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Summary: This message stesses what it means to be a man of God, and "walk tall" for Him.

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"WALKING TALL"-a Dad’s day message (1)

Text-1st Kings 2:1-4

Preached-Sunday morning-June 17th, 2007

Mt. Moriah Baptist Church

Danny Moss, pastor

INTRODUCTION-

There was a movie out several years ago

about a Southern sheriff who took on evil doers

in his small town. It was based on the life of

a real person. It was called "Walking Tall."

We have just read in the Word of God about a man

who "walked tall" with God. His name was David.

David, the "man after God’s own heart." David,

the man who failed God several times. David, the

sweet psalmist of Israel, the giant killer, the

fugitive. David, the man who is called several

times in the Scriptures-"the man of God." David,

the broken-hearted father who lost his son. David,

the adulterer and murderer. David, a complex man

of many emotions and longings.

What does it mean to "Walk Tall" for God? Let’s

see what God’s word teaches us about that. We

will examine the life of David.

Humble beginnings

David was just a sheperd boy, youngest son of

Jesse. Samuel had all Jesse’s sons appear before

him, because he had been sent to annoint the next

king of Israel. Saul had failed God, and disobey-

ed Him. God sought a "man after his own heart,"

a man of sincerity and genuineness. God needed

someone to shepherd His people rightly, and David

was His chosen.

David the Conquerer

Most of us, when we think of David, usually

envision him as the "giant killer." This was a

high moment in David’s life. God was empowering

him, and using him, and David gave God all the

glory. David (1st Sam. 17:37) gave God all the

credit for delivering him in the past, and by

faith he knew God would deliver him again. David,

too small to wear the heavy armor of Saul, but

clothed with the power of God.

David the faithful friend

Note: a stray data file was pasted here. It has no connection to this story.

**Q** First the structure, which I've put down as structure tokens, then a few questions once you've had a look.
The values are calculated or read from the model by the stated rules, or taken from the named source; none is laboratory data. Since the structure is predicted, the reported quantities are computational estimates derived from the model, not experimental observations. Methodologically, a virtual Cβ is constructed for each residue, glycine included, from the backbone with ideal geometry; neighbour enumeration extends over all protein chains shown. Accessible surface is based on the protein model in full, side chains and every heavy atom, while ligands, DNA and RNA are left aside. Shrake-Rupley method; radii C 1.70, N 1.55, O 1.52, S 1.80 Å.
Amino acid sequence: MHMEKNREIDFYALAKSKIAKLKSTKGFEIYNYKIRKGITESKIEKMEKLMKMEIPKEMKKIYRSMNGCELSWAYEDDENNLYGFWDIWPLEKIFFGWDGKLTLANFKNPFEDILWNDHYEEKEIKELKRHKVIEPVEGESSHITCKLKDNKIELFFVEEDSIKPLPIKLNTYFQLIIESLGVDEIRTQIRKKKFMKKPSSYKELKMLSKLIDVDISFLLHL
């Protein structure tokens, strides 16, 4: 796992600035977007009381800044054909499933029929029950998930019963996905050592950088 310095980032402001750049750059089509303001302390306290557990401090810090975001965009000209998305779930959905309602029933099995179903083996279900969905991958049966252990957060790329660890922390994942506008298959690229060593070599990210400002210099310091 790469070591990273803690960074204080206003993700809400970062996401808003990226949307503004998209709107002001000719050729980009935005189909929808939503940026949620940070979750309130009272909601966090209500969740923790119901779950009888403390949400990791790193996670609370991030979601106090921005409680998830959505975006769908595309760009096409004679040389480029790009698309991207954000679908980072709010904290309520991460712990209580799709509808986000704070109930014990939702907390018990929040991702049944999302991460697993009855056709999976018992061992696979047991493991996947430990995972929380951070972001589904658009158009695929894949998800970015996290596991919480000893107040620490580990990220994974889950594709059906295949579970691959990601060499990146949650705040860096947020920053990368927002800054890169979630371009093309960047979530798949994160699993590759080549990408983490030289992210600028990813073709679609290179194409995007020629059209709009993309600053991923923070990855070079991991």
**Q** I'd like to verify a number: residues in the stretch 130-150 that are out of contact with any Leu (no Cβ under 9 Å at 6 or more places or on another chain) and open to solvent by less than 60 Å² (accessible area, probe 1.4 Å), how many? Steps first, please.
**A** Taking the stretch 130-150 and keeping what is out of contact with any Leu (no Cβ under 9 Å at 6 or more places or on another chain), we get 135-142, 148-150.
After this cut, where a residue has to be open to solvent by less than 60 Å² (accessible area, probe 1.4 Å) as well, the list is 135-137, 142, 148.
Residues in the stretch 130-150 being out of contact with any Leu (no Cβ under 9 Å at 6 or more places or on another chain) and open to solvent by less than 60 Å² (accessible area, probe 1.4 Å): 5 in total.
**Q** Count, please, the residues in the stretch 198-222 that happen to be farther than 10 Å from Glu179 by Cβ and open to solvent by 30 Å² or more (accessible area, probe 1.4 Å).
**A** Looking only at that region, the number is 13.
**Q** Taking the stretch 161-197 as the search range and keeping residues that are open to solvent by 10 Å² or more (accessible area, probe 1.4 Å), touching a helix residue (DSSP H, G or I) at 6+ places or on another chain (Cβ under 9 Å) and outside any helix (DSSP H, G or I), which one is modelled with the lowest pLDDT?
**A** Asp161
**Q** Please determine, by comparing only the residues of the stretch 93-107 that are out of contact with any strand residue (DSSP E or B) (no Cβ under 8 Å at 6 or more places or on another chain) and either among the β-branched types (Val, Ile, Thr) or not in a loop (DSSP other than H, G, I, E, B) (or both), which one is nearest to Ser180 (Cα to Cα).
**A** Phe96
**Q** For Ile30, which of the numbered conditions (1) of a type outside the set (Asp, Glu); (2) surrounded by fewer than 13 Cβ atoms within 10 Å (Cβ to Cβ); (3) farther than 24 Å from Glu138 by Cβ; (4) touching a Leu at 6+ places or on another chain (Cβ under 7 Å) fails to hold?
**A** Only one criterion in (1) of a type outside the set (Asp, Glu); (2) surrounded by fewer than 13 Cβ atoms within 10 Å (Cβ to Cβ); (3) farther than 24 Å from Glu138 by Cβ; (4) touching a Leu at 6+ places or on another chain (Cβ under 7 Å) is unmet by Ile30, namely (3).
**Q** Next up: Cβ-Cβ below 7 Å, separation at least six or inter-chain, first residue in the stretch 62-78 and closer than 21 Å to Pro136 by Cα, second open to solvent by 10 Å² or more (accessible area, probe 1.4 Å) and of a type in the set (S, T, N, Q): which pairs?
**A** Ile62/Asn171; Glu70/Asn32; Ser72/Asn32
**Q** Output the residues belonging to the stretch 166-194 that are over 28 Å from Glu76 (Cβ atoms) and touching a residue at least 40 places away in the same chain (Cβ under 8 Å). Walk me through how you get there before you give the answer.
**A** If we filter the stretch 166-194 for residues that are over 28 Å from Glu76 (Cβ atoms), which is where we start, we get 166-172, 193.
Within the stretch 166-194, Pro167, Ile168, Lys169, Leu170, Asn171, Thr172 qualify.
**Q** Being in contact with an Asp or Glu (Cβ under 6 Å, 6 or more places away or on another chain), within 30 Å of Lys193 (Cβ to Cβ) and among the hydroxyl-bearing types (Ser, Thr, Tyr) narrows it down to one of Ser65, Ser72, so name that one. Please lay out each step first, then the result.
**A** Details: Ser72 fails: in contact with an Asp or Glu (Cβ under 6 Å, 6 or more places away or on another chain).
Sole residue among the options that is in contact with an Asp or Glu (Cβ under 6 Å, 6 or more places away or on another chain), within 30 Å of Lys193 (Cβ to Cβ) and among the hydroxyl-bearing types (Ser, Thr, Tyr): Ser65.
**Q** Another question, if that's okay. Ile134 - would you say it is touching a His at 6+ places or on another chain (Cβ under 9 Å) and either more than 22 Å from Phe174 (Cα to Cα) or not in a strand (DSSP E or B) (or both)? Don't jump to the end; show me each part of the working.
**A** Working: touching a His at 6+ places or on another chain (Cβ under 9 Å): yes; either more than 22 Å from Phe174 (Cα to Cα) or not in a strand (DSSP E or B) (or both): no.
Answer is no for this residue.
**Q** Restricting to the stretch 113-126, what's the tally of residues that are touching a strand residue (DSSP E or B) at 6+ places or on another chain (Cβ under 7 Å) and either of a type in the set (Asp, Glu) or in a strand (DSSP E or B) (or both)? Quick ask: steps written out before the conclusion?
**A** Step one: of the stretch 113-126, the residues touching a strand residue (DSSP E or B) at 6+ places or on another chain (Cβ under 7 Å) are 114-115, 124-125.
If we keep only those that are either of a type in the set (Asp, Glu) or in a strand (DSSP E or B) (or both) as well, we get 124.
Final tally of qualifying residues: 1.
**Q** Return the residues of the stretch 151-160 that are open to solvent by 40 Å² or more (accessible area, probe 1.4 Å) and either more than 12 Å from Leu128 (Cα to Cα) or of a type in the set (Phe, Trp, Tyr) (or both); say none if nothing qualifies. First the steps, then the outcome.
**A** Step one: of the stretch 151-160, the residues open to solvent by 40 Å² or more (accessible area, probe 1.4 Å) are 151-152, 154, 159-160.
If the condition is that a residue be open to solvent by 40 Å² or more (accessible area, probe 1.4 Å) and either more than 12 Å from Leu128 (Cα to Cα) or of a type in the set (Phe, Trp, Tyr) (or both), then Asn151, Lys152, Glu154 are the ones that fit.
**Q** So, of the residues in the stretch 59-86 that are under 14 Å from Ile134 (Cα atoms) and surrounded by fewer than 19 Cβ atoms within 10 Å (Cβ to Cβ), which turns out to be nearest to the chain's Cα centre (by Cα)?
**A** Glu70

David and Jonathan, Saul’s son, developed a

strong, lasting devotion to each other. They

had a friendship that nothing could sever, or

destroy.

David, the persecuted

Saul’s jealousy over David’s popularity

grew stronger and stronger. Time and time again

he sought to do away with David, but to no avail.

1. Saul threw a javelin at David more than once.

2. Saul sent men to kill David.

3. Saul tried to get Jonathan to betray David.

David, the merciful, righteous one

God delivered Saul into David’s hands, but

David would not lift his hand against Saul. He

was truly "walking tall" here, for Saul wanted

to kill David, but David loved God, and God’s

annointed king too much to commit such an act.

As Kenny Rogers sang in one of his songs-"You

don’t have to fight to be a man." Sometimes it

is necessary to fight, but a good man will avoid

doing harm, if at all possible.

David, the King

And what a king he was. He was fair, and

just, and sought to lead them along the right

path. He was a good sheperd in many ways.

David, the grieving father

David saw his sons turn against him. He

wept bitterly as he learned of Absalom’s death.

He wished that he could have died instead of

his son. Life with great grief was too terrible

to endure. Death would have been easier.

David, the old man

Toward the end, David sought to give some


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